Sub-freezing temperatures, and the fluctuation to a warmer day and refreezing combined to cause a nominal fire Tuesday morning in Lewisburg, prompting advice from the fire chief.
As Chief Larry Williams explained what happened on Walnut Street, he urged residents to be careful and keep their equipment and chimneys maintained and fuel in safe places to avoid injury.
There have been no injuries as a result of several recent fires, but the cold weather has presented threats to life, limb and equipment.
"The pipe to the water heater froze and when it thawed, it broke," said DeVonna Webb of 930 Walnut St. "I guess it caused an electrical fire."
She was right about her 7 a.m. fire Tuesday.
"It shorted the water heater out," Williams said. "It smoked up the house a little."
The temperature was three degrees when Webb called 911, the chief said.
"We had to get the road department to put salt down for us because the water was freezing on the street," he said.
Comparatively speaking, "everything else was minor," the chief said reflecting on the fire Thursday that consumed Brown's Auto Center on Finley Beech Road.
"Repair shops are probably some of the most dangerous structures you get involved in, so we were fortunate that no one got hurt Thursday" during the fire at Brown's, Williams said.
During that fire, "A lady brought us 3-4 cases of water to the firemen," the chief said. "We have no idea who she is, but we sure would like to thank her because we really appreciate it and we'd like to thank her in person."
Meanwhile, Billy Brown said he plans to reopen the repair shop.
"I'm going to reopen as soon as they pay us the settlement," Brown said. "We'll build a four-bay metal building at the same place. Now, we're going to try to serve them at 803 Finley Beech Road and still operate and we'll still have the same phone number."
Asked how the fire started, Brown said, "They were taking the tank off and getting the gas out of it and they had to turn it and they dropped it."
Gasoline spilled on the garage floor seemed to explode when an errant spark ignited the fuel, according to Jeff Brown. Williams and another fireman confirmed the scenario is realistic, and that the men's escape proved the validity of the stop, drop and roll advice on how to extinguish flames when clothing is on fire.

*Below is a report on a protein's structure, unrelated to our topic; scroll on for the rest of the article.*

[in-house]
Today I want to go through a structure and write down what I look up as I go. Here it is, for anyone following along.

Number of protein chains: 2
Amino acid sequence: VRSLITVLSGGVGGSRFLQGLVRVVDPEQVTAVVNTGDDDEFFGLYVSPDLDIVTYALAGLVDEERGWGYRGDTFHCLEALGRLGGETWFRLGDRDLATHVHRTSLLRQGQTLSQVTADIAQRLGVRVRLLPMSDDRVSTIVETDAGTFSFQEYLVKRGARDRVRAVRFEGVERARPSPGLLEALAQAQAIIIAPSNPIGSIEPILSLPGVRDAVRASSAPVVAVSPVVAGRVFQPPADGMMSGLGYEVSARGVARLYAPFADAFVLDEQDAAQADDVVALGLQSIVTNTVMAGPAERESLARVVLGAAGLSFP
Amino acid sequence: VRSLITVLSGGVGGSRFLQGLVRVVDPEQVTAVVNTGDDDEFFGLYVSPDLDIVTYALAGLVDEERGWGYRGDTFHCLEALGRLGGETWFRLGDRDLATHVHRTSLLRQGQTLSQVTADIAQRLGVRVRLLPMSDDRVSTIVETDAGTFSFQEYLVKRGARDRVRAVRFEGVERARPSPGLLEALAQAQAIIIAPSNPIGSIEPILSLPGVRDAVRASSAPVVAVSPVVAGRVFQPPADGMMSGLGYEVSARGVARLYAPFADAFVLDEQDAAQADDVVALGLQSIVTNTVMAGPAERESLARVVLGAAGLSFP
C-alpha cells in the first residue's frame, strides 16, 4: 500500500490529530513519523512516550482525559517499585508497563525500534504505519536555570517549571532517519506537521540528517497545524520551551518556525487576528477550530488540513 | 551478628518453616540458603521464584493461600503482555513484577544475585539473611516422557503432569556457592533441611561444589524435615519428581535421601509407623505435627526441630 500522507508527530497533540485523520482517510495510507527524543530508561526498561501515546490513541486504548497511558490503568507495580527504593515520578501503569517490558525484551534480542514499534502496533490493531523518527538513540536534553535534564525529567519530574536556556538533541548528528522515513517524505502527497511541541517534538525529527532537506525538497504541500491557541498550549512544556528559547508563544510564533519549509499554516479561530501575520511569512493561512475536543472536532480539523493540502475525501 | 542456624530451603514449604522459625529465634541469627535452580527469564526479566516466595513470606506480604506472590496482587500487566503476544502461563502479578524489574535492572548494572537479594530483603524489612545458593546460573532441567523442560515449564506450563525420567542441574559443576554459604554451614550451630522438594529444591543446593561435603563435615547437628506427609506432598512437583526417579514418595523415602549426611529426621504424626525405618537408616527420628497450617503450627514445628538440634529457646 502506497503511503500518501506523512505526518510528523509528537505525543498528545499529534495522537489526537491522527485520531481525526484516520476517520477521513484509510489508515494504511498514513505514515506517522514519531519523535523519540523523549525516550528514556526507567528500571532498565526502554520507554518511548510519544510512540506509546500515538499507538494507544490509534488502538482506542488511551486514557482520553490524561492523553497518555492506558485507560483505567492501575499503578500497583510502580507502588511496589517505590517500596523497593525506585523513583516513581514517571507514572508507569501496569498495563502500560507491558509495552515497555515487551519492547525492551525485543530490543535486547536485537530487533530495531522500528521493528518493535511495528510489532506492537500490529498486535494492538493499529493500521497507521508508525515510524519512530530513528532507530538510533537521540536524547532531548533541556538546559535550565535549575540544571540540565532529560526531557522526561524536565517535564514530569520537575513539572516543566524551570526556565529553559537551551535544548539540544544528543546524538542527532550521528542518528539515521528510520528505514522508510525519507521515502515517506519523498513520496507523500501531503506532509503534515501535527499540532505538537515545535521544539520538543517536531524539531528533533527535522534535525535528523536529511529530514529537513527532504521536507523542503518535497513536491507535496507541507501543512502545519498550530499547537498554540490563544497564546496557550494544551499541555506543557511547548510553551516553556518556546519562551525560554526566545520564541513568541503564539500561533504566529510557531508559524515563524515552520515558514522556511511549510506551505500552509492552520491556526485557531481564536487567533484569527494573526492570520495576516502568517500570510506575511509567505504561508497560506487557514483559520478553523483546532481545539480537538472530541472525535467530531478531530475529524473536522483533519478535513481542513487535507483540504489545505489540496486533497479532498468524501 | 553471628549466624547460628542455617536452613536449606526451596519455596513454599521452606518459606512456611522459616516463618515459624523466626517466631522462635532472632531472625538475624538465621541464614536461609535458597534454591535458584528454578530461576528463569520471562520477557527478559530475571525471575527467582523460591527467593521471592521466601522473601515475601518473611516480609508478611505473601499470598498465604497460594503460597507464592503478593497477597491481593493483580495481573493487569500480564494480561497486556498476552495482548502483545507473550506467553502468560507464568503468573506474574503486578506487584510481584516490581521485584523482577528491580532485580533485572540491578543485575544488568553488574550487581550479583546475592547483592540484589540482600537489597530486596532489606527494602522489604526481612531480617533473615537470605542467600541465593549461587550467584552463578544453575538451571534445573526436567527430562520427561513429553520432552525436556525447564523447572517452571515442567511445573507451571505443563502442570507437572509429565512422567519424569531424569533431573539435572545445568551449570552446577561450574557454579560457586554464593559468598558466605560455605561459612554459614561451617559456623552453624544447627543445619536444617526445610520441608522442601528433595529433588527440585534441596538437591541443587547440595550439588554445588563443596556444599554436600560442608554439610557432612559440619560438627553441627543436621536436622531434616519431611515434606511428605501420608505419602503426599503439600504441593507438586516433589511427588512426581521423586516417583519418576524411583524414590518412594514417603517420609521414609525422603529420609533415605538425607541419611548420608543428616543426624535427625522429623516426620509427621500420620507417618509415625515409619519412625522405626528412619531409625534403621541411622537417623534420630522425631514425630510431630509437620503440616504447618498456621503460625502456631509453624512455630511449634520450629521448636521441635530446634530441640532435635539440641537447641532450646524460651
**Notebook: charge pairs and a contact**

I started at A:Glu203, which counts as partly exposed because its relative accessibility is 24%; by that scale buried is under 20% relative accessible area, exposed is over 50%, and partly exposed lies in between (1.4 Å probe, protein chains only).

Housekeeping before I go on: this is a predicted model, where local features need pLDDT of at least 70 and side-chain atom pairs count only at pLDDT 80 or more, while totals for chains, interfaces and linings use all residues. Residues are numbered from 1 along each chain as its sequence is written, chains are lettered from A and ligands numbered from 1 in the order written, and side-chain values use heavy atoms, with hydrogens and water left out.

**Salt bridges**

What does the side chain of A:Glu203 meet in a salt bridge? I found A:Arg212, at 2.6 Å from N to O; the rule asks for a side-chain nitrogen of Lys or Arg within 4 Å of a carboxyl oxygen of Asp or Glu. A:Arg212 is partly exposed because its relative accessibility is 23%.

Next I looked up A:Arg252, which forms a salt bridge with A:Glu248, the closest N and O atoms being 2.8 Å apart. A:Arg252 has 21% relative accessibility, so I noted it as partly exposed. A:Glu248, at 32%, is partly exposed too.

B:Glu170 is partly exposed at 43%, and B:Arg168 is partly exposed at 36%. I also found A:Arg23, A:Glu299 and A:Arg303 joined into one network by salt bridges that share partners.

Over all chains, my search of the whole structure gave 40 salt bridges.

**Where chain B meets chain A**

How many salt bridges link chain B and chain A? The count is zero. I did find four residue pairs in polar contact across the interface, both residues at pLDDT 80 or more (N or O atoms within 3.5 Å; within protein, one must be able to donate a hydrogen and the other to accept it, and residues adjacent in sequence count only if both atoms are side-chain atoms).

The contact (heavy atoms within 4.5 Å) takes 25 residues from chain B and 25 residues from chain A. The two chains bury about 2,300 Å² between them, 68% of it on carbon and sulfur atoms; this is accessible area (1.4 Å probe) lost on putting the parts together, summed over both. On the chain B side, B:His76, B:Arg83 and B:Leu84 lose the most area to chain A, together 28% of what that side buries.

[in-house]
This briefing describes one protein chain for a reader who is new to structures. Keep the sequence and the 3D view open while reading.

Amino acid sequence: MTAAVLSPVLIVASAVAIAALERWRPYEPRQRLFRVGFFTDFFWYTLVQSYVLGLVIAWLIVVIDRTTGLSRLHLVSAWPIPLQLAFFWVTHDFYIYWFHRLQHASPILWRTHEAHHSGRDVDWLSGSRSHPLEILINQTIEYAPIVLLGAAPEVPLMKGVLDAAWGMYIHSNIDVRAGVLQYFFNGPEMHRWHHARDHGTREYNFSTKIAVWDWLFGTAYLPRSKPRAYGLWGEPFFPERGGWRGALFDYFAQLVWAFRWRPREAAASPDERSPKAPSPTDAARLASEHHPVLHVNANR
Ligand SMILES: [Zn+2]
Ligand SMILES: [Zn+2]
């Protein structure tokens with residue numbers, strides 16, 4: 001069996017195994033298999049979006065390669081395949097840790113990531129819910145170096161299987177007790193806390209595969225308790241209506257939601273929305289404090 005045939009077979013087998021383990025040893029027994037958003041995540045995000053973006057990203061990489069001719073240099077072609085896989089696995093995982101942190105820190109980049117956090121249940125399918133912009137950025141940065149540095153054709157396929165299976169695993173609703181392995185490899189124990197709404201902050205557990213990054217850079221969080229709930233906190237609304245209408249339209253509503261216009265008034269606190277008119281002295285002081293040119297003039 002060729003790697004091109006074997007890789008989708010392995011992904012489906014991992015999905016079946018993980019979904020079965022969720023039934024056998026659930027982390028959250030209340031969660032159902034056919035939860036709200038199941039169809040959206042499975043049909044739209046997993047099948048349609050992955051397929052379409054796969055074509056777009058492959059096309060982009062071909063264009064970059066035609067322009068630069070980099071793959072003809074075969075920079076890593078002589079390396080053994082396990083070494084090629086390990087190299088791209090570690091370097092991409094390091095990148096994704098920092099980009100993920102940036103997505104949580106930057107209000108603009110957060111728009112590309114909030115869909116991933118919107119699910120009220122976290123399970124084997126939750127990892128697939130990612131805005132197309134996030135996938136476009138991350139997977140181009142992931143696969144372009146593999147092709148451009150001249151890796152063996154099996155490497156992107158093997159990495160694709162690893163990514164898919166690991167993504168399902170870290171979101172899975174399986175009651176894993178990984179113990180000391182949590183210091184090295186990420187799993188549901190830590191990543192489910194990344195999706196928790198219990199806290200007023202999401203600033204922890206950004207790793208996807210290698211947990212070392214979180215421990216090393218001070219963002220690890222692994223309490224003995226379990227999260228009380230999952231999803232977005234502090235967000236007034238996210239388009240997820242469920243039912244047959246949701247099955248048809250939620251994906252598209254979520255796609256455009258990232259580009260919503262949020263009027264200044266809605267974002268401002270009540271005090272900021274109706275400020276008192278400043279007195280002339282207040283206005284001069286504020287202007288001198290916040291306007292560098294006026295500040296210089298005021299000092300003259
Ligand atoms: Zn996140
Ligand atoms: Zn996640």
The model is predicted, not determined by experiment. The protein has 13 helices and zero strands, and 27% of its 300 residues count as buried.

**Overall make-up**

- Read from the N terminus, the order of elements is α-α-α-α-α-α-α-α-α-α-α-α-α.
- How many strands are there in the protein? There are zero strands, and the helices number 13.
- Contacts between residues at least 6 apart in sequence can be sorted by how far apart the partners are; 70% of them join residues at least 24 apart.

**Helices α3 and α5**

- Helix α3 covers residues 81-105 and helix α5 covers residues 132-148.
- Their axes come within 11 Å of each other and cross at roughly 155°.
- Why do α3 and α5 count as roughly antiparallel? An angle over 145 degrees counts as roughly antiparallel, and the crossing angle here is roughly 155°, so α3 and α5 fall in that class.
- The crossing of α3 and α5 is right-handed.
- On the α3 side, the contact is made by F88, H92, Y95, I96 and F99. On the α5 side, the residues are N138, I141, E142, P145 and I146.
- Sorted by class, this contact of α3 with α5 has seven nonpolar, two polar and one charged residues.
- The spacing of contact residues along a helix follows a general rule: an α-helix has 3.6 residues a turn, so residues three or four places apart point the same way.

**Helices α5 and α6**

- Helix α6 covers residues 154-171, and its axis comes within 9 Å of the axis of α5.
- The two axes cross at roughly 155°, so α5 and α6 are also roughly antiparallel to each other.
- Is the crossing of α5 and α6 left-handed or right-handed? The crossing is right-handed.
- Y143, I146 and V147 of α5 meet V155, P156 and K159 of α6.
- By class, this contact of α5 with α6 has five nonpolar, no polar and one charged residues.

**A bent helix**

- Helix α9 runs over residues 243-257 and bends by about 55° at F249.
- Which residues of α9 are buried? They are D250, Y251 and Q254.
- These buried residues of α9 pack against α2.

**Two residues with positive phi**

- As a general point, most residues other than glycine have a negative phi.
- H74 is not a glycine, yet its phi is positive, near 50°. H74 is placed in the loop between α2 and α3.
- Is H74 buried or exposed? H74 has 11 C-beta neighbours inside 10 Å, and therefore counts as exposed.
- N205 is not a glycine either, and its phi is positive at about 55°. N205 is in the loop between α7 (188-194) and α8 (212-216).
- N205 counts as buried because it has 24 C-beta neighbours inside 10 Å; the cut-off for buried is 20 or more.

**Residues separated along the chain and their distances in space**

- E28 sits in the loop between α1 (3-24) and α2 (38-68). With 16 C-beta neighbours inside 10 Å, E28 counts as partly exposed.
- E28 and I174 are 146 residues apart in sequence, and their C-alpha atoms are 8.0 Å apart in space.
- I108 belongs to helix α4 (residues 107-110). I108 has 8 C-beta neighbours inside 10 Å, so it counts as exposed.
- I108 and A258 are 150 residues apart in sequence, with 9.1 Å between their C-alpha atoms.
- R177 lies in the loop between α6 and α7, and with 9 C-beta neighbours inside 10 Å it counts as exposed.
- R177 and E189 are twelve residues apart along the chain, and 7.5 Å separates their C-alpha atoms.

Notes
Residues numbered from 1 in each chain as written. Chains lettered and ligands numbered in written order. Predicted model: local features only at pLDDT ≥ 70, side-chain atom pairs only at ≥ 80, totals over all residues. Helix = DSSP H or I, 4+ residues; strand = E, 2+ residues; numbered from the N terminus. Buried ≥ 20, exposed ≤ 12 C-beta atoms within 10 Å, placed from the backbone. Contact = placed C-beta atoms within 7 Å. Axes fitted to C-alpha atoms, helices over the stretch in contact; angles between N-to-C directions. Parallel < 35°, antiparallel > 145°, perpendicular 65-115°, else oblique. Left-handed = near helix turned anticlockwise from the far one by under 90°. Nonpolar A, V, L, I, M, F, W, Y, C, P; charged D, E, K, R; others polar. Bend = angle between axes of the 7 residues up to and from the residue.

However, the fuel didn't explode like napalm dropped on Vietnam, Williams said.
"By what they told me," the chief said, "when the tank failed, the gasoline splashed out of it, across the floor. I think it did catch a pants leg on fire.
"It's didn't explode," he said. "It was more like a flash, when it ignites."
As for observers' observations about Lewisburg Electric Service helping the fire department, Williams explained, "There wasn't enough room to operate the aerial truck between the wires and the building.
"It was too confined of an area for a 102-foot platform to be operating," he said of the long ladder truck. "We started to set it up, and put water in it, but where it was, it wouldn't be beneficial to us."
Furthermore, the repair shop had been there a long time and contained many flammable materials, oil, grease rags, batteries, propane, and acetylene torches.
Seven fire trucks were at the scene: Two each from Berlin and Belfast volunteer departments; and three from Lewisburg.
It was one of three fires one week ago.
Another was at Holder's body shop where an electrical heater was the cause, but it was extinguished before firefighters arrived, "but we put some fans in to pull the smoke out," Williams said.
A house fire at 738 W. Church St. destroyed a kitchen and utility room, he said. The rest of the house suffered smoke damage. The fire started in a garbage can in the kitchen.